Image: Thai anti-government protesters leave rally site
Vincent Yu  /  AP
Anti-government protesters leave the focal point for rallies in Bangkok on Tuesday after their leaders called off the demonstration.
updated 4/14/2009 3:25:56 PM ET 2009-04-14T19:25:56

Police issued arrest warrants Tuesday for 14 leaders of an anti-government movement, including ousted Prime Minister Thaksin Shinawatra, as protesters abruptly ended violent demonstrations in Thailand's capital.

A day after red-shirted protesters burned buses and seized intersections in clashes with police and soldiers that left two people dead and more than 120 injured, their leaders called it quits, urging a group of 2,000 die-hard demonstrators to go home.

The swift and unexpected resolution headed off the possibility of a confrontation with heavily armed troops massing around the demonstrators' encampment near the seat of government. Dispirited protesters quietly boarded government buses watched over by soldiers.

But few expected it was the end of a rural-based movement that has shown the ability to mobilize 100,000 protesters and cause the cancellation of a regional summit in its campaign seeking to force out a government dominated by urban elements and hold new elections.

Charnvit Kasetsiri, one of Thailand's most prominent historians, said the "political convulsion" may be over for now, but the underlying tensions between the rural poor and urban elite highlighted during the demonstrations remain.

"The government has underestimated the wrath of rural and marginalized people and that is partly why they have not made enough effort to reach out to heal the rift. Without addressing that, this is not going to be the last riot," he said.

Warrants issued
The demonstrations were a mirror of mass protests by urban groups last year that snarled Bangkok until the courts removed a government led by Thaksin's allies who were elected on the strength of rural voters.

The appointment of Prime Minister Abhisit Vejjajiva further angered many rural people, who were already upset by a 2006 coup that ousted Thaksin, and their disenchantment blew up into their own protest movement.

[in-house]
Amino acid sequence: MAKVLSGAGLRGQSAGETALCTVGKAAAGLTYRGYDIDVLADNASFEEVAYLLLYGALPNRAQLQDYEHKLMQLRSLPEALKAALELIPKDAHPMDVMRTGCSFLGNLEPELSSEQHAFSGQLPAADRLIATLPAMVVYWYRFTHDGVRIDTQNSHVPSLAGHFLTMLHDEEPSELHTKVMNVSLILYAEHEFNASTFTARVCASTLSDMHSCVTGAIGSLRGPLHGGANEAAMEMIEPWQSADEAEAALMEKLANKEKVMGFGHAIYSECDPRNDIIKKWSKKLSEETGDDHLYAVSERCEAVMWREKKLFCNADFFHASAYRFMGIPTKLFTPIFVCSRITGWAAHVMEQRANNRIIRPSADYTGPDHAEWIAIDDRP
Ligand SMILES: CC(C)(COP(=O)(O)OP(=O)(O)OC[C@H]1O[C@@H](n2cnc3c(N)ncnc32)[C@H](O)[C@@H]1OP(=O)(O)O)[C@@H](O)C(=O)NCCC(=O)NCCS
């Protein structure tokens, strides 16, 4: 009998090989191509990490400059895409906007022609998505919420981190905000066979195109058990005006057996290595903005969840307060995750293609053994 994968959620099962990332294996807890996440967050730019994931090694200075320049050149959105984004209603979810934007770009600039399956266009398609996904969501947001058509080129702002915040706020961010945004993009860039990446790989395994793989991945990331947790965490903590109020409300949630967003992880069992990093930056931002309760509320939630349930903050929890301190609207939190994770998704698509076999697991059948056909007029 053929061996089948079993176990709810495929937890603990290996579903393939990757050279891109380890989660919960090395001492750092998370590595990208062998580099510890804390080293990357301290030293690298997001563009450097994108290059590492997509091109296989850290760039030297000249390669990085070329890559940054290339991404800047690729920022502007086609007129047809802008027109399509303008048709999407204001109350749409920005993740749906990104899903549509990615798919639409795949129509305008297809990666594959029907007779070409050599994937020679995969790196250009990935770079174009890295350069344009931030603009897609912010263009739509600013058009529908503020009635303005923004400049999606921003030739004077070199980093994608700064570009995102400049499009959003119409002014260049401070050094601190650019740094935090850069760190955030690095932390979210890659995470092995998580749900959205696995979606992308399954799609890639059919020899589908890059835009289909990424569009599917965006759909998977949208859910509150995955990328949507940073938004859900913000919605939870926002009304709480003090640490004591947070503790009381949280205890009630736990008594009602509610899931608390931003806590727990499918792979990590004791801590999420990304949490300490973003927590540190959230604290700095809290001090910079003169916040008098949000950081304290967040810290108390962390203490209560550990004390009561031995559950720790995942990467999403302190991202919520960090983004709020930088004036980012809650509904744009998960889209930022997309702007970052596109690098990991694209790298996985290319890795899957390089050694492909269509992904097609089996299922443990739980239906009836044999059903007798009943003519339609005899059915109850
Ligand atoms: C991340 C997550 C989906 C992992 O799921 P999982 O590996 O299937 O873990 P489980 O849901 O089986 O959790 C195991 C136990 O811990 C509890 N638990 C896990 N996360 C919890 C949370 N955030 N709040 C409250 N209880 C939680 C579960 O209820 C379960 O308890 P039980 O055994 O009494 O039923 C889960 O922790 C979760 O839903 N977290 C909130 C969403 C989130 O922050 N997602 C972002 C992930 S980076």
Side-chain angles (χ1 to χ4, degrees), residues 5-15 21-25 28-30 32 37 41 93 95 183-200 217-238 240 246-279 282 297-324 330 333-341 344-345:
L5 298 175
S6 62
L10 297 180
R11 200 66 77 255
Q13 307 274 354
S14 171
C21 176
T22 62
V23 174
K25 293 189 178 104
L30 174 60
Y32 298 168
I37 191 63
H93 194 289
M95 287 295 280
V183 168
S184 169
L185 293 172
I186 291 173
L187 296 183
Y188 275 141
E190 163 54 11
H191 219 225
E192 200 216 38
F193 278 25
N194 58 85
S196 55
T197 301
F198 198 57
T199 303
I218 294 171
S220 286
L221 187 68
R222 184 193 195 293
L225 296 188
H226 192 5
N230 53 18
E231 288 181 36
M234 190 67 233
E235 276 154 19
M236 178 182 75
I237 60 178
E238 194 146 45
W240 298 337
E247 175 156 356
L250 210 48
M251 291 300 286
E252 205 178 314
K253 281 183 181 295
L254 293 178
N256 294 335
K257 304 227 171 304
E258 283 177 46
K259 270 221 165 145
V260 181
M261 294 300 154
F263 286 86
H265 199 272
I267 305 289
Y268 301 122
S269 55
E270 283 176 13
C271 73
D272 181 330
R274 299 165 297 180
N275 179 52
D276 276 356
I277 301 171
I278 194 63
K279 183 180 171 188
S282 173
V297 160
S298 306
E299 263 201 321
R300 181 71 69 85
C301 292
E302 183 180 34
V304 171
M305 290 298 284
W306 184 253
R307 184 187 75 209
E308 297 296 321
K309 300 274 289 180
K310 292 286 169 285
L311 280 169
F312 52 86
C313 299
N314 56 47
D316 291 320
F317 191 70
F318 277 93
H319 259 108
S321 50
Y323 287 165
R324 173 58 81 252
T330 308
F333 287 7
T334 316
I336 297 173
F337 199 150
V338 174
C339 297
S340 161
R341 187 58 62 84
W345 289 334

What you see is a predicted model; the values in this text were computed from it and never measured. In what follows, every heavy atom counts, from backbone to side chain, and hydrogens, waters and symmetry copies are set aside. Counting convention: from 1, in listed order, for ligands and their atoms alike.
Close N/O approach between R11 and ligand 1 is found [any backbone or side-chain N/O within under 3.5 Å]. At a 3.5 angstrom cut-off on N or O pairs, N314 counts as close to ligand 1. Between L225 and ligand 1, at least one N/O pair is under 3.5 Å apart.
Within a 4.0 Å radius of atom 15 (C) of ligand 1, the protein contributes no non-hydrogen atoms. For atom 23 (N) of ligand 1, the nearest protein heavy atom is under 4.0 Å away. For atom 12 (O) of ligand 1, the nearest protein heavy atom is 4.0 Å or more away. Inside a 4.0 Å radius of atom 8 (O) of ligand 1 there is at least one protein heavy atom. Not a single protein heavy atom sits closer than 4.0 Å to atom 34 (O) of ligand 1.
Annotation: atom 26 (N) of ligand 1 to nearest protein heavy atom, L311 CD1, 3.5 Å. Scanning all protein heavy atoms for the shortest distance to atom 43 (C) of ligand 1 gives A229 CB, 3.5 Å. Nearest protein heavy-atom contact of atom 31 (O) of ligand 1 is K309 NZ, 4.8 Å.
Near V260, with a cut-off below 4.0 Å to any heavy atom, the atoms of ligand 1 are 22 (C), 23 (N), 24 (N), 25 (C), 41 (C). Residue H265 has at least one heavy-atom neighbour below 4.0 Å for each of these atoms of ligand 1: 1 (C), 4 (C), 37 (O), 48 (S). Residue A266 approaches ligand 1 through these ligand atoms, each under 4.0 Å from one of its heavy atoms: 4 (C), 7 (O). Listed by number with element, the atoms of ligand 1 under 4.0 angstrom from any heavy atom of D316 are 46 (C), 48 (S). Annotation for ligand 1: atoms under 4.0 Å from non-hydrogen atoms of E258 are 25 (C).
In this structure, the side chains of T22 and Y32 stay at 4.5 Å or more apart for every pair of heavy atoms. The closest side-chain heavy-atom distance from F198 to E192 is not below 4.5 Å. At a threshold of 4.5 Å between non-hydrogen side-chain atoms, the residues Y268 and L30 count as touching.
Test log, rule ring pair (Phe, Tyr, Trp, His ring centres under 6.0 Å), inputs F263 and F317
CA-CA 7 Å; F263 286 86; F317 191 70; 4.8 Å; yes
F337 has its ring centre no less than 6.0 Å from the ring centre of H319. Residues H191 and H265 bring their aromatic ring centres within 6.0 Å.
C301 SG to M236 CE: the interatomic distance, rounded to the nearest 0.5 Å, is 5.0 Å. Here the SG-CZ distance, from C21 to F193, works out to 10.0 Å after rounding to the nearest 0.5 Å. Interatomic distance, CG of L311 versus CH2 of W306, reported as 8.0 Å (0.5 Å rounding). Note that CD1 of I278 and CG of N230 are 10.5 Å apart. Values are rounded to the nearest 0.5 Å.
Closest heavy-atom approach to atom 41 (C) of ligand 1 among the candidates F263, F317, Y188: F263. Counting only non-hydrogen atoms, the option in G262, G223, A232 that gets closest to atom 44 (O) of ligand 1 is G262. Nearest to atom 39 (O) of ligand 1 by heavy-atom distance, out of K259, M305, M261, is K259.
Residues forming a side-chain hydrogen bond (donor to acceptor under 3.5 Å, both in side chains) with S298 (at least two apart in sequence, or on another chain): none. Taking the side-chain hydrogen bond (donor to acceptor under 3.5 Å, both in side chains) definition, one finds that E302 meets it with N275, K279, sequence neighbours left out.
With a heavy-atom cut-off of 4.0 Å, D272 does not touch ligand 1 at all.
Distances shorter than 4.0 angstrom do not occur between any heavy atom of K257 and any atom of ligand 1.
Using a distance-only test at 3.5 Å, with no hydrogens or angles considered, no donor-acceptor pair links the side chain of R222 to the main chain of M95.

Video: Order restored, for now

Three of the 14 protest leaders were in police custody, metropolitan police spokesman Suporn Pansua said, and the Bangkok Criminal Court issued arrest warrants for 11 others, including Thaksin, who went into self-imposed exile last year before a court convicted him of violating a conflict of interest law.

The warrants accuse the protest leaders of creating a public disturbance and engaging in illegal assembly, which carry prison terms of up to seven and three years, respectively.

"This is not a victory or a loss of any particular group," Abhisit said in a televised address. "If it is victory, it is victory of society that peace and order has returned."

But he warned that the threat from the red-clad protesters was not over.

"The operation under the state of emergency is not completed. There are still things to do," he said. "There are still protesters in some areas. The only difference is they aren't wearing red anymore."

Holiday extended
The government announced it was adding two more days to the three-day Thai New Year holiday, which began Monday, to ensure safety and allow time for repairing damage from the violence.

Some protesters threatened to regroup after the arrest warrants were issued. About 200 protesters took off their red shirts but gathered in a field near Government House late Tuesday. They were closely monitored by soldiers patrolling the area but no clash was reported.

Jakrapob Penkair, a protest leader who had not turned himself in, said the movement "will continue fighting." He did not specify what action they would take next.

Thaksin, considered by most protesters to be their leader, had addressed the demonstrators via video nearly every evening.